Program participant under urban health program holds a health card that helps them avail subsidized health services in local clinics.
As urban centers around the world are increasingly becoming complex hubs of economic activities and opportunities; rapid migration is taking place from the rural areas. This brings new challenges in many parts of the world, and it is constantly increasing the need of basic services including health and sanitation. Urban poor are the worst sufferers. This demands innovative ways to address these challenges and calls for new partnerships. CARE Bangladesh is bringing the government, private sector entities, and communities together, connecting the dots and bringing a mix of technology and inputs to make an impact and present systemic solutions. The urban health and sanitation services have been ongoing irrespective of COVID-19 for last 19 months.
On my recent visit, here is what I learned: Early on, we realized that the health and sanitation services are suffering, not only due to lack of resources, but also due to often disjointed interactions between large numbers of diverse actors including government, private, and NGO sectors and governance is key.
Under waste management function of the project, the communities receive waste bins and domestic waste is regularly collected to dispose centrally.
To address this, since October 2018, CARE Bangladesh has been working to develop a model for addressing these issues through strengthening coordination and accountability between providers and institutions, mapping healthcare and other service gaps, and increasing community participation to achieve better outcomes, particularly for low-income people in Gazipur City Corporation (GCC), on the outskirts of Bangladesh’s capital Dhaka.
NGO coordination meeting at Gazipur City Corporation
CARE Bangladesh is working with GCC which oversees public health services for a population of 3.5 million people. We focus on improving governance in this complex system by facilitating the use of technology and other systemic processes. We use health service mapping to understand inefficiencies in primary health care and identify organizations with the capacity to fill the gaps. We embed effective reporting processes to improve GCC providers’ performance monitoring and finally, we use Community Score Cards to increase accountability.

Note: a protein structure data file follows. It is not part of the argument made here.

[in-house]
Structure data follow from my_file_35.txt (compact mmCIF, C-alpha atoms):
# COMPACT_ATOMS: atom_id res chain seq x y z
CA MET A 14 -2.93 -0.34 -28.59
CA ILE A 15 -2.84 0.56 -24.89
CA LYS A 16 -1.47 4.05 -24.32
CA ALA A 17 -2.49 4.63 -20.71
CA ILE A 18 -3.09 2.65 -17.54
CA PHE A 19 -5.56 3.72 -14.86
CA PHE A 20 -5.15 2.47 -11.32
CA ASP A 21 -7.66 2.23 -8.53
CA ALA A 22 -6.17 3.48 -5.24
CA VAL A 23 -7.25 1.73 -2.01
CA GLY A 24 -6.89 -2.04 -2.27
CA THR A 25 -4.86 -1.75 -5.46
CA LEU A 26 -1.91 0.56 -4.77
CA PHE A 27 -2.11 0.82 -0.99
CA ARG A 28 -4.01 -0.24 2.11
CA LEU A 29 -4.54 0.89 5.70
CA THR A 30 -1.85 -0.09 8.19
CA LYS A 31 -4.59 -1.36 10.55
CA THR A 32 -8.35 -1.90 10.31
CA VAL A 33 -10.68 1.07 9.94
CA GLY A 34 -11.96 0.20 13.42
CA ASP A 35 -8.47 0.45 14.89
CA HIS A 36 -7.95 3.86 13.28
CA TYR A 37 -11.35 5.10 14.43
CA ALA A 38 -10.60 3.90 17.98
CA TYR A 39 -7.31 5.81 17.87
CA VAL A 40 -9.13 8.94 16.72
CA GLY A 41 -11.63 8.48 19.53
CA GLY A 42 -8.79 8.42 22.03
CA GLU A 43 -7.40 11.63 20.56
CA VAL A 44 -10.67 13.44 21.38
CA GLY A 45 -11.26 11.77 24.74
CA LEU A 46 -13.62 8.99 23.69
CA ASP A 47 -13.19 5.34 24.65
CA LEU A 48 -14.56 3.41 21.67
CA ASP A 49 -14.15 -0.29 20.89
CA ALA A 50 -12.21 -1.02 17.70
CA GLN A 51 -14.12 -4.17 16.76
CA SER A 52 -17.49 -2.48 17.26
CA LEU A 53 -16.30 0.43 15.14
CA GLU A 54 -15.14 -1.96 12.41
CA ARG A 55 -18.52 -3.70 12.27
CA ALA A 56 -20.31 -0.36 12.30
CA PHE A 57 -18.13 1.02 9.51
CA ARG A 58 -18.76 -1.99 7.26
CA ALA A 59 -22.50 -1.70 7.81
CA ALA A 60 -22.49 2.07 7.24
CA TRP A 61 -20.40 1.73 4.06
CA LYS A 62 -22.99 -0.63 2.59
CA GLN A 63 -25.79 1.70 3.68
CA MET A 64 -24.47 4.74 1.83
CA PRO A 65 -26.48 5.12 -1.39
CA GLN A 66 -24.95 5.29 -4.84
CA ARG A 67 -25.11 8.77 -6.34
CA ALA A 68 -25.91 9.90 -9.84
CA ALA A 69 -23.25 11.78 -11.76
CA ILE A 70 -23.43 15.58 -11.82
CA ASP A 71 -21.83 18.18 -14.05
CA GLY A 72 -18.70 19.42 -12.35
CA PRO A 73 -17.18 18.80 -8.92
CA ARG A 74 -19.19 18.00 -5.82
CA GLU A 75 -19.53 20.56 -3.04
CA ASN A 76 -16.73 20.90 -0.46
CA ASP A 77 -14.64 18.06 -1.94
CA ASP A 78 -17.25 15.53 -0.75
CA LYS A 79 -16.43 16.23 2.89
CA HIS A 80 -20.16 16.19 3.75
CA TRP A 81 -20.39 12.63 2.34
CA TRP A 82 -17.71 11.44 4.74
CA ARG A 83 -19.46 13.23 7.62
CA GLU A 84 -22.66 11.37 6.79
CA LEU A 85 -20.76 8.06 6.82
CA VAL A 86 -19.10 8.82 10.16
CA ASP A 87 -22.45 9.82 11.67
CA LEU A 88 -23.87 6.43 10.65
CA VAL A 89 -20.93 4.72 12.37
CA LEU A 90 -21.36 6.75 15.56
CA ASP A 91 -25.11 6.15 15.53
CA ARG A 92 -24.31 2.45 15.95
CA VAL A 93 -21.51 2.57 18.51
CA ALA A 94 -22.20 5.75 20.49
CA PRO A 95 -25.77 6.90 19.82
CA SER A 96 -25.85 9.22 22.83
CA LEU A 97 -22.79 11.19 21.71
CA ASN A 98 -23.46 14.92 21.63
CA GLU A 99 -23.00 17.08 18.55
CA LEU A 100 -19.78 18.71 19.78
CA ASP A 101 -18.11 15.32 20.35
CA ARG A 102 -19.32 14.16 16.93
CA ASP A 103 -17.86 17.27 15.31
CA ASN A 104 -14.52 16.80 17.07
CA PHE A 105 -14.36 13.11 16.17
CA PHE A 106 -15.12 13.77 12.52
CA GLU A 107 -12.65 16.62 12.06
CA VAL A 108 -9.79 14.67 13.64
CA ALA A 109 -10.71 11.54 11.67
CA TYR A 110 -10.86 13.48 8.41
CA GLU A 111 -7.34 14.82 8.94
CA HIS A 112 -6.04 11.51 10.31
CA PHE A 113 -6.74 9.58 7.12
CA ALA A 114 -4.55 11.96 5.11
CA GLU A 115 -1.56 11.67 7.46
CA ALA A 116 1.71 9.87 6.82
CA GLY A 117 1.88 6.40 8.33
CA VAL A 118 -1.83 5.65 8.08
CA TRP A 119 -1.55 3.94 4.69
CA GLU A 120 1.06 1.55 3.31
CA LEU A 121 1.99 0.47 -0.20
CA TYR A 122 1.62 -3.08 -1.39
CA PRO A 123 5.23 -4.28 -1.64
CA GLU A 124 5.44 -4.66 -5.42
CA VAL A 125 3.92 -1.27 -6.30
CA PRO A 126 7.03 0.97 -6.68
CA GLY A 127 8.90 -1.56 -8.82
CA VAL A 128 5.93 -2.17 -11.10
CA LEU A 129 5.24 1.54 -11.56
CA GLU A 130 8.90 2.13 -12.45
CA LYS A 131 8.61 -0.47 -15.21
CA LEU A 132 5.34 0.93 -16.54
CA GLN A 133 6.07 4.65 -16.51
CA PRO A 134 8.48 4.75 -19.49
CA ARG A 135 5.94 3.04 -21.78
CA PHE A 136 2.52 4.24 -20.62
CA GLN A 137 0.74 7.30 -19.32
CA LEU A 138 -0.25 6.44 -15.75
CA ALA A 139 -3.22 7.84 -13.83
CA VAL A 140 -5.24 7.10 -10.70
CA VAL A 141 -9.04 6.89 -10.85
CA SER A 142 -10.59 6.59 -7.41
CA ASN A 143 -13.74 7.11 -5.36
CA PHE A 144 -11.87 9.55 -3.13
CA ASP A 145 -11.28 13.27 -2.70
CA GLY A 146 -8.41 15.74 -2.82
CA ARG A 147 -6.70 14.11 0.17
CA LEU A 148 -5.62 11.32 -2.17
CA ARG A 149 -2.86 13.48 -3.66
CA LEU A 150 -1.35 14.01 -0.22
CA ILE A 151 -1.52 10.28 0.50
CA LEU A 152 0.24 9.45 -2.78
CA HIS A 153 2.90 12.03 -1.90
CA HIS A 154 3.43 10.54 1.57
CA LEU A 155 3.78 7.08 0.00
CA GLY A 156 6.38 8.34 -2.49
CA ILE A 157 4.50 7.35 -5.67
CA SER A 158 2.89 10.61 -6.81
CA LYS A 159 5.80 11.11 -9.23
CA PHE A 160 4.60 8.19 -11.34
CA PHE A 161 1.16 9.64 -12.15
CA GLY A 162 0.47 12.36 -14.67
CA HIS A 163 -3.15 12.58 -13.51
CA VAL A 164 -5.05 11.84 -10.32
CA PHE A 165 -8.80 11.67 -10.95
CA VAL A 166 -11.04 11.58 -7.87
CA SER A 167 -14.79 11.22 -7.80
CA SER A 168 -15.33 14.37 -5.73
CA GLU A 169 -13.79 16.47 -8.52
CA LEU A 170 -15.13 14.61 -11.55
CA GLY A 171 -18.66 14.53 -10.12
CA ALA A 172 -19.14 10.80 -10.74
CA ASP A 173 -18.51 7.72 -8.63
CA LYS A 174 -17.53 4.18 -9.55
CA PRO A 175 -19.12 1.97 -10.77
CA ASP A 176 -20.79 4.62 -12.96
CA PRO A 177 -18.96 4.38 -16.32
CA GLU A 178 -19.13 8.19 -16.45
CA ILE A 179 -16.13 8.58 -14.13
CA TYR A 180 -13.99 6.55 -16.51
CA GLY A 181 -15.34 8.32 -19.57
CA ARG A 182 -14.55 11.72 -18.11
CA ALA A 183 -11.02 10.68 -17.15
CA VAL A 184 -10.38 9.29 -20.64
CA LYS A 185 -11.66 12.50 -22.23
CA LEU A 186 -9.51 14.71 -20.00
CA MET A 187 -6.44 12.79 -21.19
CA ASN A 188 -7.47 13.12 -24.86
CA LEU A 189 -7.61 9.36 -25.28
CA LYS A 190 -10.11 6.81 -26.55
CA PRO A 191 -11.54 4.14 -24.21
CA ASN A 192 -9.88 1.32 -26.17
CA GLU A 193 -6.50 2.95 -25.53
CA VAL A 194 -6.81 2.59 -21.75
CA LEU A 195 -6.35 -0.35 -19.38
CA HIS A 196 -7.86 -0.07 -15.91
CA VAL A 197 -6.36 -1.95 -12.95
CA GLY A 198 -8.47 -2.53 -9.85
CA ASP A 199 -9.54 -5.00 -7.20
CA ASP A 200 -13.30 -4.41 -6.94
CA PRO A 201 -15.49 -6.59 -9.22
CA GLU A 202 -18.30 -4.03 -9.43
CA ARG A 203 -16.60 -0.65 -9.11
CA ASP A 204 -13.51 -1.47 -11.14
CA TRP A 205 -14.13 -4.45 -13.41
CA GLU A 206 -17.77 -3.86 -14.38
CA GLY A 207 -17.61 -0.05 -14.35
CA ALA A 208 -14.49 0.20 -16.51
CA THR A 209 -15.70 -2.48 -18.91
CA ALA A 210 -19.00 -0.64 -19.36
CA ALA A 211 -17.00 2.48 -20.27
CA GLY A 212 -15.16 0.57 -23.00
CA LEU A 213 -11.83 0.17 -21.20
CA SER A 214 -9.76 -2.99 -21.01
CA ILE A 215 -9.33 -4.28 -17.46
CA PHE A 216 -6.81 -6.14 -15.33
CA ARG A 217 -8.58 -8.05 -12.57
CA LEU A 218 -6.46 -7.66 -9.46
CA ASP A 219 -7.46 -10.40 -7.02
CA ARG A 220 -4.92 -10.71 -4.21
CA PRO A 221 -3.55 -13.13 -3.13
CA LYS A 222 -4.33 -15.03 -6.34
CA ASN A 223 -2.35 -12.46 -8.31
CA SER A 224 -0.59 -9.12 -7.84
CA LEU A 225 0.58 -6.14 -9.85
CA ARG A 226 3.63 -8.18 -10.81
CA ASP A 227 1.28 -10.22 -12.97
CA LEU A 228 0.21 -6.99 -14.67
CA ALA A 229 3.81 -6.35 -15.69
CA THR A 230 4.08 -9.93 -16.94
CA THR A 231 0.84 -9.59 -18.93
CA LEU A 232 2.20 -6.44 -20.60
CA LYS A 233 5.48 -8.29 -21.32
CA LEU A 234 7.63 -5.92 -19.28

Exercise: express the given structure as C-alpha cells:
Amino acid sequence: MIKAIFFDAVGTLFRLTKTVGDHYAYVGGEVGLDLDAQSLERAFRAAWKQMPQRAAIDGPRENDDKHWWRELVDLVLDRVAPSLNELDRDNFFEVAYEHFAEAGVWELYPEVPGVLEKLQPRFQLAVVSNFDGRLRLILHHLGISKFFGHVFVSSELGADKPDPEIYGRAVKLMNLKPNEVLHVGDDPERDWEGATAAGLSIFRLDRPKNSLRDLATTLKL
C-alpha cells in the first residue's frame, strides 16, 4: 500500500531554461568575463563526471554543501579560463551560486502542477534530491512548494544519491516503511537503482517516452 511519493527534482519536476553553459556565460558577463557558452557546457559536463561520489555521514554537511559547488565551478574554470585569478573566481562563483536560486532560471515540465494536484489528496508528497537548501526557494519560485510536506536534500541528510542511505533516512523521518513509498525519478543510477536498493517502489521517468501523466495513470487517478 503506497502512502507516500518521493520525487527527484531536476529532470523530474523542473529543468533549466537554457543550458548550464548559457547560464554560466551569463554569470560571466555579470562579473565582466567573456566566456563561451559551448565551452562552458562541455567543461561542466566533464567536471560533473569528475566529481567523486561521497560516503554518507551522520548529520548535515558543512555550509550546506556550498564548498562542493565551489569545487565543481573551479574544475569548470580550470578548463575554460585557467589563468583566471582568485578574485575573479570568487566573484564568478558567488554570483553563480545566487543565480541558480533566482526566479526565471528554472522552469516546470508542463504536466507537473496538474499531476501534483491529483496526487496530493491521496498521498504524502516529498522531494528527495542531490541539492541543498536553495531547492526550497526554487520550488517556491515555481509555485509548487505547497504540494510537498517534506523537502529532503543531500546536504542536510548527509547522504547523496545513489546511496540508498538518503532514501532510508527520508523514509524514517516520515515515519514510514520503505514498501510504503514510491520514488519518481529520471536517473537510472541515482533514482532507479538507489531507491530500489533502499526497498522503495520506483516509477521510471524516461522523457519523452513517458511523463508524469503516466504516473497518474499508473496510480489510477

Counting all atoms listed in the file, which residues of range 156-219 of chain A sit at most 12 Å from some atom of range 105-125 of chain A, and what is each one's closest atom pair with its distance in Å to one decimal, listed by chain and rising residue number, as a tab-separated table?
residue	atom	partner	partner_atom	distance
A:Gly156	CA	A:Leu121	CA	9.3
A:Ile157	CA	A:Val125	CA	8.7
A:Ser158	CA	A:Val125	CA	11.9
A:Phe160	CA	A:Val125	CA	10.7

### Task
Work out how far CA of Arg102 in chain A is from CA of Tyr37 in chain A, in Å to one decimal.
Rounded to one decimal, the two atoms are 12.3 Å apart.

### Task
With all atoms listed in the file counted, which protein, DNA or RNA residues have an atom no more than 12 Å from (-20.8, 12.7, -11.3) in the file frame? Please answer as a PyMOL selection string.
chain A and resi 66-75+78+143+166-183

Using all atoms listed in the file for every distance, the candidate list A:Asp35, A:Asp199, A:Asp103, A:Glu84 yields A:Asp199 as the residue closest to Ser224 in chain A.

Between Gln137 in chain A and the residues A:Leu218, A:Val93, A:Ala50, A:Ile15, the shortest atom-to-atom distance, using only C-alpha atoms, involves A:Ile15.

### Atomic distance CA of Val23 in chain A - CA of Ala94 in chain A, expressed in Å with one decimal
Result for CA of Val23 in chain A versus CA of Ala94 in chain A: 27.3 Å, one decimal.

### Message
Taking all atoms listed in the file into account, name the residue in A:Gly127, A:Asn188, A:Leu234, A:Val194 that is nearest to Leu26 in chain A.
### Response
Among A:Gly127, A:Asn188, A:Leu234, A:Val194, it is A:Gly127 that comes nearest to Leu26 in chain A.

This model helped institutions to identify service gaps and inefficient resource distribution, allowing more effective targeting of poor populations. It effectively facilitated increased monitoring of service providers, reducing reporting errors and facilitating more effective resource allocation.
Within less than three years our interventions have increased access to and accountability of healthcare services and contributed to reducing the risks of COVID-19 for the impact population.
As a result of the urban health and sanitation interventions, CARE Bangladesh has helped increase access to healthcare services and in turn, contributed to reducing the risks of COVID-19 in the Gazipur City population. We have helped service coverage expand to 300,000 low-income populations in 5 previously neglected wards. In addition, there is a 27% increase of people’s knowledge on COVID-19 issues such as proper handwashing. Lastly, during this COVID-19 period, all resources and logistics support by the development partners and other organizations are being managed and distributed in a coordinated way through the GO- NGO Coordination Forum. Gazipur City Administration is keen to expand and extend these initiatives.
Community-led drinking water system and running water supply is ensured to the communities under the project.
From CARE we would like to thank our donors and partners: UK aid from the UK government, Mott MacDonald Ltd., Marks and Spencer (M&S), Primark, and GlaxoSmithKline (GSK).
Photos: Asafuzzaman Captain/CARE Bangladesh